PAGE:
Had RAAS been available in 2000, it could have prevented the loss of a Boeing 747 that, in very low visibility, mistakenly entered a runway undergoing major resurfacing, instead of taxiing farther to a parallel runway that was fully operational. The aircraft crashed when the pilot attempted to take off. While the RAAS database is updated periodically, short-term revisions of this type for all the world's airports would be impractical and are covered instead by Notices to Airmen (NOTAMs).
The ACSS Ground Collision Avoidance Module contains advanced predictive algorithms to enhance the basic TAWS responses in order to provide pilots with more complete information about their current situation and thereby guide optimal responses. Described as a "performance-based" system, the GCAM accesses data from the airplane personality module (APM), which permanently stores the aircraft's performance characteristics under varying conditions of power, weight, altitude, temperature and other inputs. With this information, the GCAM determines whether, in a conventional TAWS "Pull Up" situation, the aircraft can actually climb rapidly enough to avoid impacting the terrain ahead. If not, pilots receive an "Avoid Terrain" command, and the terrain display shows alternate directions to fly the aircraft to safer areas.
To avoid nuisance warnings, the ACSS unit limits its look-ahead terrain search and alerts to those obstructions which lie in a narrow sector of 1.5 degrees to either side of the aircraft's projected track. It also displays Terrain Advisory Lines within 30 degrees to either side of track to visually alert the crew of potential obstructions. In an "Avoid Terrain" situation, where a turn is made away from an obstruction, the system switches to a wider sector and leads the rate of turn while searching the terrain ahead to as far around as 90 degrees from the original track. Terrain that the aircraft will be able to climb above is then shown with discrete hatch marks on the pilot's display.
Universal has developed a range of display formats that break away from the conventional planview of terrain ahead. These include a vertical cross-section of the terrain far along the aircraft's future flight plan track and well in advance of the standard TAWS alerts. These displays clearly show the pilot where the aircraft would be in relationship to the underlying terrain. Another format builds on the company's synthetic vision technology and depicts a computed cockpit view of the terrain ahead, with the topography layered in standard TAWS colors of red, yellow and green, respectively denoting terrain above, at or below the aircraft's present altitude.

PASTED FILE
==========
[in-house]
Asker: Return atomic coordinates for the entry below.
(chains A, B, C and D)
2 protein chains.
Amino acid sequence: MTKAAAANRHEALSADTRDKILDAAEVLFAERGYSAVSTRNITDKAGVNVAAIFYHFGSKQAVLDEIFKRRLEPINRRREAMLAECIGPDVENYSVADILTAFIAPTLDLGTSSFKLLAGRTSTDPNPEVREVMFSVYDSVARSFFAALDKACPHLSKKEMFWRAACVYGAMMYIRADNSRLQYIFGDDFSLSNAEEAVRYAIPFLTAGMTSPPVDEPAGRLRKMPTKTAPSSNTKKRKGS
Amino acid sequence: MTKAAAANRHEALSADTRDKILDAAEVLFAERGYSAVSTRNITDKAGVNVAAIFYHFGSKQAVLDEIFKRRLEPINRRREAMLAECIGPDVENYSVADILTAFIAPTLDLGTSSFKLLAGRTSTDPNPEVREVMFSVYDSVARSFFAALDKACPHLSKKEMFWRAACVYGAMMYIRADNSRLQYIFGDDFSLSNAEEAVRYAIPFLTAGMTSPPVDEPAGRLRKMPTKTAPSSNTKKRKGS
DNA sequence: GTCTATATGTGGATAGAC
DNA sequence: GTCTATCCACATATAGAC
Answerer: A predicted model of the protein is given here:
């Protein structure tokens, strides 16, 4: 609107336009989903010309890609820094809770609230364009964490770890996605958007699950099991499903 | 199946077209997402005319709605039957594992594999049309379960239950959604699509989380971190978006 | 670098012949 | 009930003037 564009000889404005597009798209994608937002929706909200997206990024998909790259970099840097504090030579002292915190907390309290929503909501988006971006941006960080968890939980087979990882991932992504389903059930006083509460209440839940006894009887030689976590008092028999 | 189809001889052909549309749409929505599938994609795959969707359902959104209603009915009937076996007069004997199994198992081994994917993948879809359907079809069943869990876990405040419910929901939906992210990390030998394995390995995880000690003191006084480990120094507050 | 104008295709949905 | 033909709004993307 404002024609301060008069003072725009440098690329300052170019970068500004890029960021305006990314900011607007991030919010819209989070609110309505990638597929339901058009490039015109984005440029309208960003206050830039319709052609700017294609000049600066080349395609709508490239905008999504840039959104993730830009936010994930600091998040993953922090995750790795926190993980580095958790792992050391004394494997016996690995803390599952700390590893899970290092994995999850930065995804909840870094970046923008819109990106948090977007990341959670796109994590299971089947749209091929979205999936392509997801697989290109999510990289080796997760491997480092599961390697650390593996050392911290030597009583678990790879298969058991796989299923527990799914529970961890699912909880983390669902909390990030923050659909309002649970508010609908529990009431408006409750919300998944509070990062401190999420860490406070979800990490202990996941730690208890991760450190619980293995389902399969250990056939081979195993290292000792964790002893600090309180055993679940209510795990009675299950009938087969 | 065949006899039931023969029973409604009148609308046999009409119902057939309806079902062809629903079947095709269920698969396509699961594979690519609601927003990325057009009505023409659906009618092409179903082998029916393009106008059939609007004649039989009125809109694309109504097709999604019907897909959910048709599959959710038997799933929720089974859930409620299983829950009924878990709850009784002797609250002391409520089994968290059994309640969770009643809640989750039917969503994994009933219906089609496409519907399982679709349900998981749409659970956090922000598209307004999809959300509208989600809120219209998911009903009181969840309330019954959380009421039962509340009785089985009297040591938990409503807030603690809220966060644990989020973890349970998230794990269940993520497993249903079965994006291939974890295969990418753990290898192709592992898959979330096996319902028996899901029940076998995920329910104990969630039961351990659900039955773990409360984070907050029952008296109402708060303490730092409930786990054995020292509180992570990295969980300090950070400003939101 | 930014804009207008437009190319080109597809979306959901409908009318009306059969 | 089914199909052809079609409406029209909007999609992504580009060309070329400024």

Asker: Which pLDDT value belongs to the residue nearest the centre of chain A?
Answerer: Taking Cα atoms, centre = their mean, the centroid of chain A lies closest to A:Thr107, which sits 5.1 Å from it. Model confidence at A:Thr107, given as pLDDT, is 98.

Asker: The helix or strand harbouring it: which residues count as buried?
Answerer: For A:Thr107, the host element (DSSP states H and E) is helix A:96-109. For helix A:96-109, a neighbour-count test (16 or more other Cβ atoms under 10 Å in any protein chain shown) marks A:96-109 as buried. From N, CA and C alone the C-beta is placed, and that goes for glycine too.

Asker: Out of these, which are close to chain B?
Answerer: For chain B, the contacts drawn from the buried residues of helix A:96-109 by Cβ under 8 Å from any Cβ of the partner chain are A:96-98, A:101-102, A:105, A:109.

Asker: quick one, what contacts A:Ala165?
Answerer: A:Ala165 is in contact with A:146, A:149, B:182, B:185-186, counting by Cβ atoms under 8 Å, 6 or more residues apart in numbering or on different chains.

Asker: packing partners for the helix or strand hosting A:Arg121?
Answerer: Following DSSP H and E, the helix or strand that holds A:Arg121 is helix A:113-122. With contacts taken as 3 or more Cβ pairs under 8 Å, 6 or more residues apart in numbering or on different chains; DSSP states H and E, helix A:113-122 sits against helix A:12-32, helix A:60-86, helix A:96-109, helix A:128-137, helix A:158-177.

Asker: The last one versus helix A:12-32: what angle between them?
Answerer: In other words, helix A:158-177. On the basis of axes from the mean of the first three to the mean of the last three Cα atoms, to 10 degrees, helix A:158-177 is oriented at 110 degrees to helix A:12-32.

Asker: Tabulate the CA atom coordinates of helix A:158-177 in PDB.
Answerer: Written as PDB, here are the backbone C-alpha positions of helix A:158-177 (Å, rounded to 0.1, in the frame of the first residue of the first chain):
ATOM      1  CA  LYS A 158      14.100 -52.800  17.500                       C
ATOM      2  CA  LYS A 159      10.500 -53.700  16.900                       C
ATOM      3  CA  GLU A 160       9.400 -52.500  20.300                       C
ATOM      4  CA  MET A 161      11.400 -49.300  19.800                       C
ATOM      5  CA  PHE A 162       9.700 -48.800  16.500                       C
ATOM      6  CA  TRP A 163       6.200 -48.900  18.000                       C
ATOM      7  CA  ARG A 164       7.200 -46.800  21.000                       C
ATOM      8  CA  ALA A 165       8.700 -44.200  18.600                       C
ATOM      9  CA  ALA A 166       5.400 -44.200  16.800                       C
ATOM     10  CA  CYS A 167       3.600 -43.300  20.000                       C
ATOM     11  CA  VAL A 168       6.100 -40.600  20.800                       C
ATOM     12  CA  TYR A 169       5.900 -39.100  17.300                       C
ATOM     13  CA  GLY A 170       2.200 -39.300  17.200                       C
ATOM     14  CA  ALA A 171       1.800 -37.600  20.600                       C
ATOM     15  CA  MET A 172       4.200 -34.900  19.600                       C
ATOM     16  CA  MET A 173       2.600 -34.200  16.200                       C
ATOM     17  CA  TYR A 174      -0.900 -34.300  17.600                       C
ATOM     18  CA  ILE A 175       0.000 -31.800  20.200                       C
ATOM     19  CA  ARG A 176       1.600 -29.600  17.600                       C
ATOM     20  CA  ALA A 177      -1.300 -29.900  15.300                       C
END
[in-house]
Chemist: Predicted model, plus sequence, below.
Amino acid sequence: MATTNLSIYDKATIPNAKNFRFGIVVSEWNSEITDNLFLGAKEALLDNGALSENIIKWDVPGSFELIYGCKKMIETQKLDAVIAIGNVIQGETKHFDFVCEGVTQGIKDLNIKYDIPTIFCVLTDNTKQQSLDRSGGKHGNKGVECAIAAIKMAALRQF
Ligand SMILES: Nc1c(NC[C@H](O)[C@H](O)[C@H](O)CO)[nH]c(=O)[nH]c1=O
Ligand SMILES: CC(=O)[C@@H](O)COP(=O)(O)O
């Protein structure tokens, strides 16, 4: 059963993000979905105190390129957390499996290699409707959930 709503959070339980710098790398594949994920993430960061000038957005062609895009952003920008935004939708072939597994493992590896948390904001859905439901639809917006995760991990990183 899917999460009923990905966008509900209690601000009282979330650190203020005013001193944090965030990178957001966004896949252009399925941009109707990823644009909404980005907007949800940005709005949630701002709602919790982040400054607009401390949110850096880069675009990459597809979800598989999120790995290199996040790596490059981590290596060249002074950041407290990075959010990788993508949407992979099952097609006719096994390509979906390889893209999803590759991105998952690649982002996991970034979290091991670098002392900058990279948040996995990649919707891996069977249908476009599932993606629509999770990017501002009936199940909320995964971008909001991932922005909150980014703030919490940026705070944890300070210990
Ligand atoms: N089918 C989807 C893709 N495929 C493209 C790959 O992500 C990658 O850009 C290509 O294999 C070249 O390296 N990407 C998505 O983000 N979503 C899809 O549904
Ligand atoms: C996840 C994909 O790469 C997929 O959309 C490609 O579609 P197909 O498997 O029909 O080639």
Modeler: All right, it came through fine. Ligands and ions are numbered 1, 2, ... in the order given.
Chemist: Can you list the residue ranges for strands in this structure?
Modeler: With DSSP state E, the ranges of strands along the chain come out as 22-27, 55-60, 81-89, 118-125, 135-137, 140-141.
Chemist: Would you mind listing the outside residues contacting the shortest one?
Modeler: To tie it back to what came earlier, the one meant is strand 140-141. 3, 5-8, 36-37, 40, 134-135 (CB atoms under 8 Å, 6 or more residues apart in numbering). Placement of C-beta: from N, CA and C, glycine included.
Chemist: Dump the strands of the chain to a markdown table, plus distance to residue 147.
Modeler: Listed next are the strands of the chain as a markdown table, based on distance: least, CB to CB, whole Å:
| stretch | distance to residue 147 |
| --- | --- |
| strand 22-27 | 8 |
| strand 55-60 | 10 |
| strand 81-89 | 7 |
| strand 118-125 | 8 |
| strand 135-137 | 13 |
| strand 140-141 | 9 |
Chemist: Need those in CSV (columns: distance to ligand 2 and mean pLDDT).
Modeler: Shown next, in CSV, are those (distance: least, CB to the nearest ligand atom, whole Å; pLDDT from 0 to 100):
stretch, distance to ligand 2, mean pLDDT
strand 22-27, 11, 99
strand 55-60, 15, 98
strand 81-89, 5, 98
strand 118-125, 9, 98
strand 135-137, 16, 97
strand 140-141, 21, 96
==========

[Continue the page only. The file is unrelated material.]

The company offers a terrain planview presentation, but links it to a predictive trend vector which continuously shows the aircraft's position 30 seconds ahead. The planview is only displayed when threatening terrain falls within the 30-second flight time envelope--more than adequate for an avoidance maneuver--and otherwise leaves the display clear for other crew needs. As an added feature, the system displays a flashing symbol of the actual terrain encounter point well in advance, thereby allowing the crew to plan an avoidance maneuver.
FAA and international mandates have brought about the installation of TAWS in a very large portion of the world's aircraft. However, two main communities are not included in these rules, i.e., non-turbine, fixed-wing aircraft, particularly those that are privately owned, and helicopters. Both of these categories fall under the voluntary Class C TAWS arrangement. While no firm indications of general aviation's adoption of Class C equipment are available, a slowly growing demand is discernible, industry observers say. They feel that FAA's proposed move to nationwide ADS-B implementation could accelerate TAWS adoption within this group.
On the other hand, the U.S. National Transportation Safety Board (NTSB) recently recommended the use of TAWS in helicopters performing emergency medical service, which often involves low-level operations at night or in low visibility. These operators have suffered a significant number of fatal CFIT accidents. Reportedly, relatively few U.S. commercial helicopters have been equipped with TAWS. But it is understood that FAA is considering NTSB's concern, and this could result in a TAWS mandate for certain types of helicopter operations.
Honeywell also is looking at an "assisted recovery" concept, where the aircraft AFCS automatically would perform the pull-up maneuver following a TAWS alert or, alternatively, turn the aircraft away from prohibited airspace. This is certainly feasible in today's fly-by-wire aircraft and could save valuable seconds in certain situations.